The Art of Not Being Governed - Scott, James C. - Yale University Press
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- Political Science
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- Yale Agrarian Studies Series
The Art of Not Being Governed
An Anarchist History of Upland Southeast Asia
Received honorable mention for the 2009 PROSE Award in Government & Politics, presented by the The Professional and Scholarly Publishing Division of the Association of American Publishers.
Bronze medal winner of the 2009 Book of the Year Award in the Political Science category, presented by ForeWord Magazine
Chosen as A Best Book of 2009, Jesse Walker, managing editor, Reason
Winner of the 2010 Fukuoka Asian Academic Prize, given by the Fukuoka Asian Culture Prize Committee
A finalist in the category of Nonfiction for the 2010 Connecticut Book Award, given by the Connecticut Center for the Book
Winner of the 2010 John K. Fairbank Book Prize, given by the American Historical Association
Winner of the 2010 Bernard Schwartz Book Award, given by the Asia Society
For two thousand years the disparate groups that now reside in Zomia (a mountainous region the size of Europe that consists of portions of seven Asian countries) have fled the projects of the organized state societies that surround them—slavery, conscription, taxes, corvée labor, epidemics, and warfare. This book, essentially an “anarchist history,” is the first-ever examination of the huge literature on state-making whose author evaluates why people would deliberately and reactively remain stateless. Among the strategies employed by the people of Zomia to remain stateless are physical dispersion in rugged terrain; agricultural practices that enhance mobility; pliable ethnic identities; devotion to prophetic, millenarian leaders; and maintenance of a largely oral culture that allows them to reinvent their histories and genealogies as they move between and around states.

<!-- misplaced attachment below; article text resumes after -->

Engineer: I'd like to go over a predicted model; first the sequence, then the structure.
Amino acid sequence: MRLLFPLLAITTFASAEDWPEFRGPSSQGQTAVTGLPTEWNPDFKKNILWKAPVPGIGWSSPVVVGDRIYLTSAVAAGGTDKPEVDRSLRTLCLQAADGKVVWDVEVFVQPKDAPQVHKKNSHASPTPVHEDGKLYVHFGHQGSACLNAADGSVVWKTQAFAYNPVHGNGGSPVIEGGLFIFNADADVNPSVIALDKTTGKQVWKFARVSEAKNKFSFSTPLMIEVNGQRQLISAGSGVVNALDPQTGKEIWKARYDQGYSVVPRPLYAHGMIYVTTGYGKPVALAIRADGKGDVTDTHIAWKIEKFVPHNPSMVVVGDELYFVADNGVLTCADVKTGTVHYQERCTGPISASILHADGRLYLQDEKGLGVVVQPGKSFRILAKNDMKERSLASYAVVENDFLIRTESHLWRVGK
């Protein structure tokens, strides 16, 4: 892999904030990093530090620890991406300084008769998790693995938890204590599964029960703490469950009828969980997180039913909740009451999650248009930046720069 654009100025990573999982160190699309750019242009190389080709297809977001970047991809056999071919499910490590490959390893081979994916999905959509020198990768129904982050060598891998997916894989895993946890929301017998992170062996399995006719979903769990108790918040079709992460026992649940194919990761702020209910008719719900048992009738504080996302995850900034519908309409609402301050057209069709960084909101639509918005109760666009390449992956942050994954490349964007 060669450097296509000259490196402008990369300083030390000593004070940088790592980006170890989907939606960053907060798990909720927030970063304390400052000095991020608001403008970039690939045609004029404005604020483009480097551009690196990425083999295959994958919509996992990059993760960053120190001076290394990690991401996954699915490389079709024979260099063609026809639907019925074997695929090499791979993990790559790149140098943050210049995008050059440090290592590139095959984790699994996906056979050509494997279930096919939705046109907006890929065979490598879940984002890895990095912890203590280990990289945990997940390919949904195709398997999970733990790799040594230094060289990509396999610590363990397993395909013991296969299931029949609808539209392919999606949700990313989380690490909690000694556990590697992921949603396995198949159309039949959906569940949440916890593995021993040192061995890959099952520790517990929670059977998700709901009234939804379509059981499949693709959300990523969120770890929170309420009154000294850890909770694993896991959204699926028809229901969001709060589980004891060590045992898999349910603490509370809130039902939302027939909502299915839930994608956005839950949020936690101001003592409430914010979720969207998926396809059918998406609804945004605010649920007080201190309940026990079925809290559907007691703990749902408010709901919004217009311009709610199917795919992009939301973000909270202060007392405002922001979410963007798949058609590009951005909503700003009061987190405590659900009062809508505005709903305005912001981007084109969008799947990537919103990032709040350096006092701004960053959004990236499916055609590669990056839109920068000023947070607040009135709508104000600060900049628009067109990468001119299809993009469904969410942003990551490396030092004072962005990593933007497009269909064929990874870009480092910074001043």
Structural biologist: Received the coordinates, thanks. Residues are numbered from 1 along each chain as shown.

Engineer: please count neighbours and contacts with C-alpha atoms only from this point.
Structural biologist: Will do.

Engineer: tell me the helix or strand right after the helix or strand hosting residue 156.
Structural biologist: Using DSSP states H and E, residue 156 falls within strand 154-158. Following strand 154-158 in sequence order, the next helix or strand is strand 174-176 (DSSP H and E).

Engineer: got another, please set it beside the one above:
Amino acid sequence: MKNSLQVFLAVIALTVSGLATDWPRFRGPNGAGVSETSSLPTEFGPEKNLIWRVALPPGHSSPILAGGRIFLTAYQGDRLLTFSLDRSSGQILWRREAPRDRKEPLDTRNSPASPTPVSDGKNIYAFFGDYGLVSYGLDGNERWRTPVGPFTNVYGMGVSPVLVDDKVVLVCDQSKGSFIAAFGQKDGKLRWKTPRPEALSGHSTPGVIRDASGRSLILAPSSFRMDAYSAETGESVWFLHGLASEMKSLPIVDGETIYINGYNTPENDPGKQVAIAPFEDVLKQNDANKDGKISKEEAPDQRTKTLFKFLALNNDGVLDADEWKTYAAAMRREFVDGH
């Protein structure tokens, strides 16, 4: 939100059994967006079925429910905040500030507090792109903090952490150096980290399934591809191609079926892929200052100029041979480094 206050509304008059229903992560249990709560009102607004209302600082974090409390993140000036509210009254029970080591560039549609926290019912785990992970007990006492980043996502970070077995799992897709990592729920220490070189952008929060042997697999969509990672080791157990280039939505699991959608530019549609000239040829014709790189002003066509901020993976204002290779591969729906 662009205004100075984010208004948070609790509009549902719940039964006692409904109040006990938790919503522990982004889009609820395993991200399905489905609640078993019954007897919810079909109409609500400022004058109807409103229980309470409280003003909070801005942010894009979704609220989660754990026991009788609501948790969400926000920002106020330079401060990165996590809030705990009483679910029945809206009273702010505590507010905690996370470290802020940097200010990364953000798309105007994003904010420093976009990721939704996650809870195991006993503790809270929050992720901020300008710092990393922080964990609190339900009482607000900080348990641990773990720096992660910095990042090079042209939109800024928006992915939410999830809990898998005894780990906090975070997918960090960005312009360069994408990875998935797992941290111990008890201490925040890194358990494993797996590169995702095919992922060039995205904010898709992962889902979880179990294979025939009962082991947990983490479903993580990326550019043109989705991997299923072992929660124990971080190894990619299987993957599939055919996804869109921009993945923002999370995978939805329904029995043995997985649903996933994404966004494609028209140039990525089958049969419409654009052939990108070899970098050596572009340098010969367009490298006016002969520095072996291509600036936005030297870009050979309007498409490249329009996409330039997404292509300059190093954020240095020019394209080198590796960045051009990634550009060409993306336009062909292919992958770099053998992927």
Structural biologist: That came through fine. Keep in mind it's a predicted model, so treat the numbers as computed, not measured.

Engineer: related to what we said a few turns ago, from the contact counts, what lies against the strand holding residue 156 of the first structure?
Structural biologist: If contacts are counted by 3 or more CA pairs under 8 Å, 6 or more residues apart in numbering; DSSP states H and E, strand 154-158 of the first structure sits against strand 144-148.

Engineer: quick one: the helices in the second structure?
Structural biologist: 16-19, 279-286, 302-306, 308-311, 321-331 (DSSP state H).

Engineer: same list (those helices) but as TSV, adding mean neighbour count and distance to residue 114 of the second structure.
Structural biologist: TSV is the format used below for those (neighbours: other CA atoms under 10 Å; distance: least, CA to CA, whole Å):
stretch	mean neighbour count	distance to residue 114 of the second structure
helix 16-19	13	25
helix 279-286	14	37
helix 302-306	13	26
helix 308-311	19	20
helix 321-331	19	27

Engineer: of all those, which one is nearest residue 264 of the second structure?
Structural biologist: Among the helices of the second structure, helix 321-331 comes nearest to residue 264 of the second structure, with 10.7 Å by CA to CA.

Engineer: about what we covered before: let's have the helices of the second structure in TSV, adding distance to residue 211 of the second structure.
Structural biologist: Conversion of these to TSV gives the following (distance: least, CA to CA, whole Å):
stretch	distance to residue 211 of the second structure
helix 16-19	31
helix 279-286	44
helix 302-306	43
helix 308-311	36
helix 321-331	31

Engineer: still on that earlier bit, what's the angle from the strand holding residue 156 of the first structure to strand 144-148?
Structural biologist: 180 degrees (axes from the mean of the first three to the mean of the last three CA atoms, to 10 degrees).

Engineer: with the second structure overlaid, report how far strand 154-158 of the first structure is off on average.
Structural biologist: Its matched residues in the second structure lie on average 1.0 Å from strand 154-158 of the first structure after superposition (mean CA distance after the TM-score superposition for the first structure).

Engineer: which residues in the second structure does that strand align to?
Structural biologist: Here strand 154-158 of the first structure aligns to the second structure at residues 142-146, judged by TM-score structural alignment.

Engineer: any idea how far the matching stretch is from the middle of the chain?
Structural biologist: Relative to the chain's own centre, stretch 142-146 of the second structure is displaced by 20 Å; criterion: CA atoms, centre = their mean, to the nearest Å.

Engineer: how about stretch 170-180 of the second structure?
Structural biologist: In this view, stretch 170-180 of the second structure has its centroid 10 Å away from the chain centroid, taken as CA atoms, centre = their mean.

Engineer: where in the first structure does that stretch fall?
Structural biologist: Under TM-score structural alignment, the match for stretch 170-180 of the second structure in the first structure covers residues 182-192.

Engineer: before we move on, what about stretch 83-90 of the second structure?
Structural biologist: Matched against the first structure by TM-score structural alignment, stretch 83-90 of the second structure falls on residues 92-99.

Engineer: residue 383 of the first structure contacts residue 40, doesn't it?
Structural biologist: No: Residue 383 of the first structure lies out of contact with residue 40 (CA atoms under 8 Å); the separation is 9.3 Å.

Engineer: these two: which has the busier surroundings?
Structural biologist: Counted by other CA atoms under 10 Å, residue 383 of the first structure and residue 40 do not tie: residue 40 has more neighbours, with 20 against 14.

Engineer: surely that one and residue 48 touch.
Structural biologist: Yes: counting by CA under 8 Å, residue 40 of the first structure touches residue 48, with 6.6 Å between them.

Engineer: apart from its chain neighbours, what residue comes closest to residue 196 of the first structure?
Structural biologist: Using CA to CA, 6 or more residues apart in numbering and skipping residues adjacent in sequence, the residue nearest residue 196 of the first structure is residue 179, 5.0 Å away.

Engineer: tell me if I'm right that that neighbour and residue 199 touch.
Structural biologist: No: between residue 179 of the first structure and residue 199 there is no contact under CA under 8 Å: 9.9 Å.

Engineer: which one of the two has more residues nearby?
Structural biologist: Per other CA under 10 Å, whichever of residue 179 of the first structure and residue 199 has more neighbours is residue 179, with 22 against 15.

In accessible language, James Scott, recognized worldwide as an eminent authority in Southeast Asian, peasant, and agrarian studies, tells the story of the peoples of Zomia and their unlikely odyssey in search of self-determination. He redefines our views on Asian politics, history, demographics, and even our fundamental ideas about what constitutes civilization, and challenges us with a radically different approach to history that presents events from the perspective of stateless peoples and redefines state-making as a form of “internal colonialism.” This new perspective requires a radical reevaluation of the civilizational narratives of the lowland states. Scott’s work on Zomia represents a new way to think of area studies that will be applicable to other runaway, fugitive, and marooned communities, be they Gypsies, Cossacks, tribes fleeing slave raiders, Marsh Arabs, or San-Bushmen.
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